Peter Beinart has a compelling piece up at The Atlantic that reports on something disturbing: the city of Portland has become a hotbed of political violence between fringe left-wing and right-wing groups. It’s a reality incongruous with the city’s reputation, one of quintuple imperial IPAs, cars that run on Whole Foods receipts and tolerance. Yet toleration of the other side has been in short supply recently, as the illiberal left and alt-right have squared off in the streets.
The two sides have been reacting to and playing off each other, amassing a record of violence unseen since the 1960s. Following Trump’s election, far-left protesters rioted in Portland, racking up an estimated million dollars worth of damage. The alt-right began to organize too, including at a rally in late April attended by a man named Jeremy Christian who gave Hitler salutes to passersby; he would later board a train and kill two with a knife after he was blocked from abusing a pair of Muslims. Additional demonstrations followed Christian’s killings along with additional chaos, as black-masked left-wing ‘antifa’ (short for ‘antifascist’) militants showed up to clash with pro-Trump protesters.
Loath though they’d be to admit it, the two sides are mirror images of each other. Both refuse to renounce violence as a method of political action, with antifa explicitly promoting sabotage and alt-right groups calling on militias like the Oathkeepers to patrol their events and declaring “an open season on antifa.” Both have been animated by the run-and-gun politics of the Trump era. Both have found a fitting backdrop in Oregon, with that state’s surprisingly deep history of racism (its original constitution banned blacks from living there) and consequent pushback. Both have been fueling each other, culminating in a rally on Sunday that quickly devolved into a bloody brawl, as signs decrying racism and images of Pepe the Frog waved overhead.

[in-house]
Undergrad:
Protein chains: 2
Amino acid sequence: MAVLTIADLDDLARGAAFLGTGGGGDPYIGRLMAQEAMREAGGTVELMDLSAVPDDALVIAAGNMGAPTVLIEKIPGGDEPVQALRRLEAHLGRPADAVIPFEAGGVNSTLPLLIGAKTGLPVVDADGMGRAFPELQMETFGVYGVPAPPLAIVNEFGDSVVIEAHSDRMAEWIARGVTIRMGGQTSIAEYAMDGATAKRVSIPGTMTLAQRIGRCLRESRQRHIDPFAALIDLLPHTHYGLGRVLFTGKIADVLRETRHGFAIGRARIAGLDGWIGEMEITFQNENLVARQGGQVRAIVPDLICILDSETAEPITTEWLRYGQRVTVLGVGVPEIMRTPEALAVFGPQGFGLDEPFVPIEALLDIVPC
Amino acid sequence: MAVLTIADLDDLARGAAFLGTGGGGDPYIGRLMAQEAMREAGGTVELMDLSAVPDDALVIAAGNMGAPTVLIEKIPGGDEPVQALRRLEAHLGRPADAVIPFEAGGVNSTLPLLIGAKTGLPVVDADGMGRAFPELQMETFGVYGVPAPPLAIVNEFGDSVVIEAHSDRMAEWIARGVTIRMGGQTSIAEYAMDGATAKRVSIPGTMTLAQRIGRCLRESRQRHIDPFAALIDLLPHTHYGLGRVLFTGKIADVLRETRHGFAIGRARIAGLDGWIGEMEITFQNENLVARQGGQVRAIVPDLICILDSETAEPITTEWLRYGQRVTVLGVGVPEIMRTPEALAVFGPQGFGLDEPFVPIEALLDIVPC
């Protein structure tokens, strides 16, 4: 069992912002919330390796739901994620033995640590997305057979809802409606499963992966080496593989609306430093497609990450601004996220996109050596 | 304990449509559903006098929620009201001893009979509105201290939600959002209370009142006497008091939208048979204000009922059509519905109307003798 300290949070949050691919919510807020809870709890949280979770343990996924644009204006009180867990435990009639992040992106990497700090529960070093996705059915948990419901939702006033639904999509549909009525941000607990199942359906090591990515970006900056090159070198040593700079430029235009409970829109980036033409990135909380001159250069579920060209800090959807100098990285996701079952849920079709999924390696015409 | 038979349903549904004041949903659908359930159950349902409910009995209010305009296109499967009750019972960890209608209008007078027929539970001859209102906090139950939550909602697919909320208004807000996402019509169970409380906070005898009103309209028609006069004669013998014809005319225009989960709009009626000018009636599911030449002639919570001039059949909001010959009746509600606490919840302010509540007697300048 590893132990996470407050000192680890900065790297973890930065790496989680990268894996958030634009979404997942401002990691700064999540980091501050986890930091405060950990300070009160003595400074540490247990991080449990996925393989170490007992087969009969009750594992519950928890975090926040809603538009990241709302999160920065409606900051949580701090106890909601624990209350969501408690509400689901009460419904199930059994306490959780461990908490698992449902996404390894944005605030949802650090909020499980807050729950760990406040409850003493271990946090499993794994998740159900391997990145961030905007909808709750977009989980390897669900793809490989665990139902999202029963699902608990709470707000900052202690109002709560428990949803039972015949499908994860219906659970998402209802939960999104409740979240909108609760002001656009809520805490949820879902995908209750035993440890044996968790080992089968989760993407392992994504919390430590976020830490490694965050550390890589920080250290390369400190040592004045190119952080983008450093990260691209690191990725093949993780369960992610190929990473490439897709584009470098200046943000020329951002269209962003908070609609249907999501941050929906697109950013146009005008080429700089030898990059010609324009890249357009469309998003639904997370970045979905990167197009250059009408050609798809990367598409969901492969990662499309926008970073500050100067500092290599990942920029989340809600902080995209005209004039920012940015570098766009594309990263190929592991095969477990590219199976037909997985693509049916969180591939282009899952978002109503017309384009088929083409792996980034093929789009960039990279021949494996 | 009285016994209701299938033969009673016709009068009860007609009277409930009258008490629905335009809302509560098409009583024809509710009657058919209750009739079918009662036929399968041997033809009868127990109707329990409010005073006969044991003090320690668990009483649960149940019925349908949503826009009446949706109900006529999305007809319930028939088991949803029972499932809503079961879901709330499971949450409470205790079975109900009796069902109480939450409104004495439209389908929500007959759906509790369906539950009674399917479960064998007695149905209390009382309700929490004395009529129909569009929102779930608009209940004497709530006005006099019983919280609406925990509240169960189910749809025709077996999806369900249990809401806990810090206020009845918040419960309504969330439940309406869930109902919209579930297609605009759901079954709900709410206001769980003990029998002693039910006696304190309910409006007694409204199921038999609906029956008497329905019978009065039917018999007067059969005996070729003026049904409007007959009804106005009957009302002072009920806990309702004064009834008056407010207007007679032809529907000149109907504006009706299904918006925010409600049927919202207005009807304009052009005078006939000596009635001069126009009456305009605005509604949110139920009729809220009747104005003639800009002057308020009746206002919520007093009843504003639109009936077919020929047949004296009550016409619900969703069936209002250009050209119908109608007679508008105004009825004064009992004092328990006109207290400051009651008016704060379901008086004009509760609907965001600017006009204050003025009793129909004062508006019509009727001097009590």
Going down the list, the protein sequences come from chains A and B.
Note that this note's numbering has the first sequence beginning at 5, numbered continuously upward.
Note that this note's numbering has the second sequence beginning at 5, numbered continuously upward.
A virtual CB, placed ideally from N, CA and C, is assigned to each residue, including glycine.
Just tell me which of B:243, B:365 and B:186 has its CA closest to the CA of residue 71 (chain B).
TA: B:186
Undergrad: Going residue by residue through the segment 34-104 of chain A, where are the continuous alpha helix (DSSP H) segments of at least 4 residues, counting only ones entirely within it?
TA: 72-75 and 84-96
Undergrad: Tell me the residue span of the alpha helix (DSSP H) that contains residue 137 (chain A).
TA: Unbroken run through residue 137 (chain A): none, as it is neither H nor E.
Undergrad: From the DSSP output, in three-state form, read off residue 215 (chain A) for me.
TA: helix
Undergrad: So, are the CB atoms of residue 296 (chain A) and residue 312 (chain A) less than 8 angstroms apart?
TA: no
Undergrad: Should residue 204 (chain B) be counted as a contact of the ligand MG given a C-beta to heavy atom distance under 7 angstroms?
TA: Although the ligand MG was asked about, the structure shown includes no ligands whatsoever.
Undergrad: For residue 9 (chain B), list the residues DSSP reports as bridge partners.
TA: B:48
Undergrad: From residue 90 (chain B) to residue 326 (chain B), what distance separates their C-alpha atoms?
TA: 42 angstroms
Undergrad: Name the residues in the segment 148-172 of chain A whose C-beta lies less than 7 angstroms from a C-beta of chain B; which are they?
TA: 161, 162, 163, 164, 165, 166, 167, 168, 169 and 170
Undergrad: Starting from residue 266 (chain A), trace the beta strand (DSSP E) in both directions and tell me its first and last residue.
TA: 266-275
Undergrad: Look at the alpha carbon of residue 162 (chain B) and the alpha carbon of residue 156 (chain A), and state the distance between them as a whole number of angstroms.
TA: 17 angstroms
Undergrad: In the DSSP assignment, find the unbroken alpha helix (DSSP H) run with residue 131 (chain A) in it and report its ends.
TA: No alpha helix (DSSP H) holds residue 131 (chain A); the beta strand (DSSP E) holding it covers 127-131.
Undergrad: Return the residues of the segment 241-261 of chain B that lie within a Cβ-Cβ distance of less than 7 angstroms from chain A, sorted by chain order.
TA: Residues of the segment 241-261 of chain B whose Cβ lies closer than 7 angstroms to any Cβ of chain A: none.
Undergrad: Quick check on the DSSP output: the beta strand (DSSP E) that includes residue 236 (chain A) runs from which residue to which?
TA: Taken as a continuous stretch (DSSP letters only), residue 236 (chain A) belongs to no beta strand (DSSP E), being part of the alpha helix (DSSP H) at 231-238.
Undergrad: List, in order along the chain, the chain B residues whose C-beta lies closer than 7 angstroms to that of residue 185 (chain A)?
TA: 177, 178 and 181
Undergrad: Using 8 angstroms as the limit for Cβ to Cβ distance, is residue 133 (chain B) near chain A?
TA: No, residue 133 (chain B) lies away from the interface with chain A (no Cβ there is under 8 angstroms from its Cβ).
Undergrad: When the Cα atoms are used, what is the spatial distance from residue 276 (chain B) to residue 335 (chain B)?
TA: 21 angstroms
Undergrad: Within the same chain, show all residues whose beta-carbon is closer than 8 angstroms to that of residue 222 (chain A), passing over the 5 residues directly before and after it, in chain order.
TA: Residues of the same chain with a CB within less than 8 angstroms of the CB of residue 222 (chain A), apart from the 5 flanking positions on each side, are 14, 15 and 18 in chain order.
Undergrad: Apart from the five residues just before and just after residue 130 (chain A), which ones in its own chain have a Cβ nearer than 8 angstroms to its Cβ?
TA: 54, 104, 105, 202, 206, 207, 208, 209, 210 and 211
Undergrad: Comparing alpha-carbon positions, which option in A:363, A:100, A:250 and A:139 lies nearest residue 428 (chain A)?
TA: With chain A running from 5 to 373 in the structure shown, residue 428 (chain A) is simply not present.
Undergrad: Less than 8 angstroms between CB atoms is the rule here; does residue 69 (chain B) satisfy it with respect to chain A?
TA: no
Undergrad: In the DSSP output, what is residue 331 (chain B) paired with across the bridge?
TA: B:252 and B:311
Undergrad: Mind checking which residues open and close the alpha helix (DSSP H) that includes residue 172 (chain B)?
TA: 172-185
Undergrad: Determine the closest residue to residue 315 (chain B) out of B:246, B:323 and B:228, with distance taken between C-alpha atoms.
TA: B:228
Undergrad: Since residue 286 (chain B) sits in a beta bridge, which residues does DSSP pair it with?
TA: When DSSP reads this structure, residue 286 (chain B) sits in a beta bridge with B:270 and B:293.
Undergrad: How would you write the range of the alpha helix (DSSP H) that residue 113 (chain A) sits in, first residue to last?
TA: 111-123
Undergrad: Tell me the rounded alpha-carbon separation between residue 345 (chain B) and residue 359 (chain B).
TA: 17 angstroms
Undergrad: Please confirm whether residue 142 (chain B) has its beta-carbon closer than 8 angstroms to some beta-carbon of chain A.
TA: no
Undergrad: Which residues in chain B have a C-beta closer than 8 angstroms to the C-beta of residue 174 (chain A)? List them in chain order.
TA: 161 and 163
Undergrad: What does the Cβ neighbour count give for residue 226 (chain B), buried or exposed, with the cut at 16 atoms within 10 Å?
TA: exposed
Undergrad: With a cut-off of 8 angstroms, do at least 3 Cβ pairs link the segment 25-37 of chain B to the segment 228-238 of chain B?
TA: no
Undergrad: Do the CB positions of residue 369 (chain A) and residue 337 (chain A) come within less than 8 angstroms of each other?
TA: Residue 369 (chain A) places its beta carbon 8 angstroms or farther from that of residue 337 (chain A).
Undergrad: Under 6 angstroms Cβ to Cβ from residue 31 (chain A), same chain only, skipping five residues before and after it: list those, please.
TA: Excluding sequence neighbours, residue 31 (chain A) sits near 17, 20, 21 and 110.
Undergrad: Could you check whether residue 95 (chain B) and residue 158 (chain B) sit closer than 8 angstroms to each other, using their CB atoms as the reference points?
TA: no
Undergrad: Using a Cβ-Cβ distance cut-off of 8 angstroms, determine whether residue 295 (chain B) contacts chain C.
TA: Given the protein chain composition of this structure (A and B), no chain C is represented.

There’s an incipient totalitarianism at work here, especially in antifa groups, which openly seek to obstruct Republicans from organizing. The violence in Portland is what happens when the center gives way — not Washington’s insipid conception of the ‘establishment center,’ which taken in toto is an extremist ideology all its own, but what might be termed the ‘libertarian center,’ the center that contends you have a right to assemble unthreatened by coercion, the center that might disapprove of what you say but will defend to the death your right to say it. This center is the ballast of our politics. It upholds — much though I hate this term — the marketplace of ideas that allows even extremists to make their contributions. When it crumbles, those unencumbered by such deference to their opponents rush in, and the result is Portland, bleeding Portland.
Beinart compares this political dichotomy to the 1920s and 1930s “when militant leftists battled fascists in the streets of Germany, Italy and Spain.” It was another time when the center failed to hold, and the best example is probably Spain. From 1918 onward, the Spanish left became radicalized by Bolshevik influence, a series of violent strikes in the mining north and Andalucian south and an increasingly anti-clerical bent that saw hundreds of churches torched. The right grew more extreme in response, tilting toward fascism and organizing violent Falangist gangs. The result was the Spanish Civil War, a left-versus-right street fight blown to national proportions that killed more than 600,000 and left Spain under the reign of General Franco for the next 36 years.
The good news is that Portland isn’t about to immolate itself. Though the antifa and alt-right crowds draw the most attention, it’s a third group, mainline liberals peacefully protesting Trump, who number the most, as the Huffington Post reports. Likewise, many Trump supporters in Portland have expressed dismay at their white supremacist fellow travelers. America will survive this era of upheaval; its people will channel their political anxieties into the usual methods of organizing and voting rather than skull-cracking. But Portland stands as an example of what happens when the left and right surrender to their most authoritarian temptations, when the crucial libertarian assumptions that must undergird both fall away. The result is rarely productive, often painful.